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The maximum amount that can be contributed each year to an ABLE account for a person with disabilities rose $1,000 to $16,000 on January 1, 2022. The figure, which is tied to the inflation-adjusted value of the IRS’s gift tax exclusion, had been stuck at $15,000 since 2018. Meanwhile, all but four states now offer ABLE programs.
Acheiving a Better Life Experience (ABLE) Act
Congress passed the Achieving a Better Life Experience (ABLE) Act in 2014, amending the Internal Revenue Code to allow families to create new tax savings plans, modeled after the popular 529 savings plans for higher education, that allow money to be set aside for or a person with special needs to pay for disability related expenses.
This money can grow tax-free over time and is used to pay for qualifying expenses toward the care and support of the special needs beneficiary.
These accounts are administered by the individual states and accept contributions in the form of cash only (not bonds, securities, real estate, or other assets). A major benefit of ABLE accounts is that the beneficiary can manage and control them once they come of age.
People with disabilities who are employed can save even more beyond the $16,000 limit in an ABLE account, up to the federal poverty level for a single individual. This means that those in the lower 48 states can invest an additional $12,880 this year. Hawaii residents can save an extra $14,820, and the figure is $16,090 in Alaska.
Limits on ABLE Accounts
However, the total amount that can be held in an ABLE account without jeopardizing government benefits like Supplemental Security Income (SSI) remains at $100,000.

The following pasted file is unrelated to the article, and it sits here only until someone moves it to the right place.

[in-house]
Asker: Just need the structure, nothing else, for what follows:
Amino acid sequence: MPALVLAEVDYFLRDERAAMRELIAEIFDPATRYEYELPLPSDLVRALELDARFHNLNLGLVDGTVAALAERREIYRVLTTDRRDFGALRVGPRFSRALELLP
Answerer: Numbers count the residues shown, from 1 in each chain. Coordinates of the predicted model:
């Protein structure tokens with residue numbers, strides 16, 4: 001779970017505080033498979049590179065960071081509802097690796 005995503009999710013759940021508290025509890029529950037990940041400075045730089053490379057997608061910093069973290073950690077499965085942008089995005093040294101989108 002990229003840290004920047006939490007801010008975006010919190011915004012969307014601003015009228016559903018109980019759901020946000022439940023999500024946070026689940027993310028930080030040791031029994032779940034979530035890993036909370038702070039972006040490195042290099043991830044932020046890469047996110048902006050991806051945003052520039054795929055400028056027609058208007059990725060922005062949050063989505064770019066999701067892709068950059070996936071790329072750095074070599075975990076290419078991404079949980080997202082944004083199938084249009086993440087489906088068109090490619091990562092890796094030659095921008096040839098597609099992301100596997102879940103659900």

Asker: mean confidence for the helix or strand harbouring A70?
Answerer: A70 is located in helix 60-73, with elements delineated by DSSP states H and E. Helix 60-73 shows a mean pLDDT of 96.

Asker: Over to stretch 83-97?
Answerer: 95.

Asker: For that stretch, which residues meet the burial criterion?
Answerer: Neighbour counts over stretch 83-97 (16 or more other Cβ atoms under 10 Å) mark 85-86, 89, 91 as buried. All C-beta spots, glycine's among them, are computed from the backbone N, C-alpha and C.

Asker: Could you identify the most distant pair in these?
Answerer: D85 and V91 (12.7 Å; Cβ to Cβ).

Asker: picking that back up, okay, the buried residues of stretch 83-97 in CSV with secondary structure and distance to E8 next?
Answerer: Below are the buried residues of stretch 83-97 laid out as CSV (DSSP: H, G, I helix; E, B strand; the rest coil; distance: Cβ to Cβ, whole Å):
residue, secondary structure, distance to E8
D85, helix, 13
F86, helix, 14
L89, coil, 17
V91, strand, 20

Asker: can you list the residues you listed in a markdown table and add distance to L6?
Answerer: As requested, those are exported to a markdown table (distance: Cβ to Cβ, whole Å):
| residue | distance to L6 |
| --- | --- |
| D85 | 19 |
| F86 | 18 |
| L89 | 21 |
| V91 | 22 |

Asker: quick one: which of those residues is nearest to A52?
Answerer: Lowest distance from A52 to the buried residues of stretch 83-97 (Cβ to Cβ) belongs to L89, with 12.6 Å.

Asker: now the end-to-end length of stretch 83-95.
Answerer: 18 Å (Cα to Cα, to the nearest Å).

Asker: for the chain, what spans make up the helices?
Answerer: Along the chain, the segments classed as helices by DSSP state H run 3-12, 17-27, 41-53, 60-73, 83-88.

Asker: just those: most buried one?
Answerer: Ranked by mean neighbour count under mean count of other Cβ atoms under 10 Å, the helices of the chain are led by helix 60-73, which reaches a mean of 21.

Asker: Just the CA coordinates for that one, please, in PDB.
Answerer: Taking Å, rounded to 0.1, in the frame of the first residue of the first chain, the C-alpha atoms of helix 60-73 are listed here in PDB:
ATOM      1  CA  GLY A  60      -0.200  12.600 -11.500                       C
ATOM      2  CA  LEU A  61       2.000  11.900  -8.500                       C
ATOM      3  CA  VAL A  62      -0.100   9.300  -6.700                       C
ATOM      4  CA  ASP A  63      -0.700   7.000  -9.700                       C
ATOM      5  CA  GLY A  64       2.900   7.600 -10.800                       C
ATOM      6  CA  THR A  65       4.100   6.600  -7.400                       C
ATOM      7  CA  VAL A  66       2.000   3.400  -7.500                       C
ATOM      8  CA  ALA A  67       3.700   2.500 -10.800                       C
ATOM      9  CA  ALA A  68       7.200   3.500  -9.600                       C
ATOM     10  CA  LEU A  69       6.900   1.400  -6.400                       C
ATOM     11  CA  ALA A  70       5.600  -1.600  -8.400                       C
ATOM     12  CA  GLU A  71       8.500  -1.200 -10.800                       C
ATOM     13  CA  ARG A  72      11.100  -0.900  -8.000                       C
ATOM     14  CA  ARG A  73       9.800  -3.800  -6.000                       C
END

For individuals who are not receiving such means-tested benefits, the maximum account limit is tied to the account limit for the particular state’s 529 programs, which in 2022 can range from $300,000 to $517,000.
As of January 2022, 46 states and the District of Columbia had set up ABLE programs, although if your state does not yet have its own program, many state programs allow out-of-state beneficiaries to open accounts. The newest states to add programs are Connecticut and Utah. Four states – Idaho, North Dakota, South Dakota and Wisconsin – do not yet have active ABLE programs, according to the ABLE National Resource Center.
- Access an introduction to ABLE Accounts.
- Read this article comparing ABLE accounts with special needs trusts.
- Check out the Special Needs Answers directory of ABLE account programs, organized by state.
- Academy of Special Needs Planners member Oak Wealth Advisors offers a map showing which state programs are open to all and a matrix that compares the state ABLE programs.
Full description of infographic: Title reads "Why Consider an ABLE Account?" and features 11 blocks of content that read as follows: Congress passed the Achieving a Better Life Experience (ABLE) Act in 2014; For families who have dependents with disabilities: The ABLE Act provides a way to set aside savings money, tax-free, for their loved one; ABLE Accounts can hold up to $100,000; ABLE Accounts are for people with disabilities who were diagnosed with a disability before age 26; Individuals with disabilities can manage their own ABLE accounts, giving them a measure of financial independence; Up to $17,000 per year can be contributed to an ABLE Account; Nearly 120,000 have ABLE accounts nationwide; ABLE Accounts can help pay for disability treatment, assistive technology, education and training, housing, living expenses, health care, legal fees, and transportation; As of 2022, 46 states as well as the District of Columbia have active ABLE account programs in place; Did You Know? ABLE account owners are not at risk of losing their eligibilty for government benefits, such as SSI or Medicaid; Find an ABLE Account program in your state: specialneedsanswers.com/able-accounts.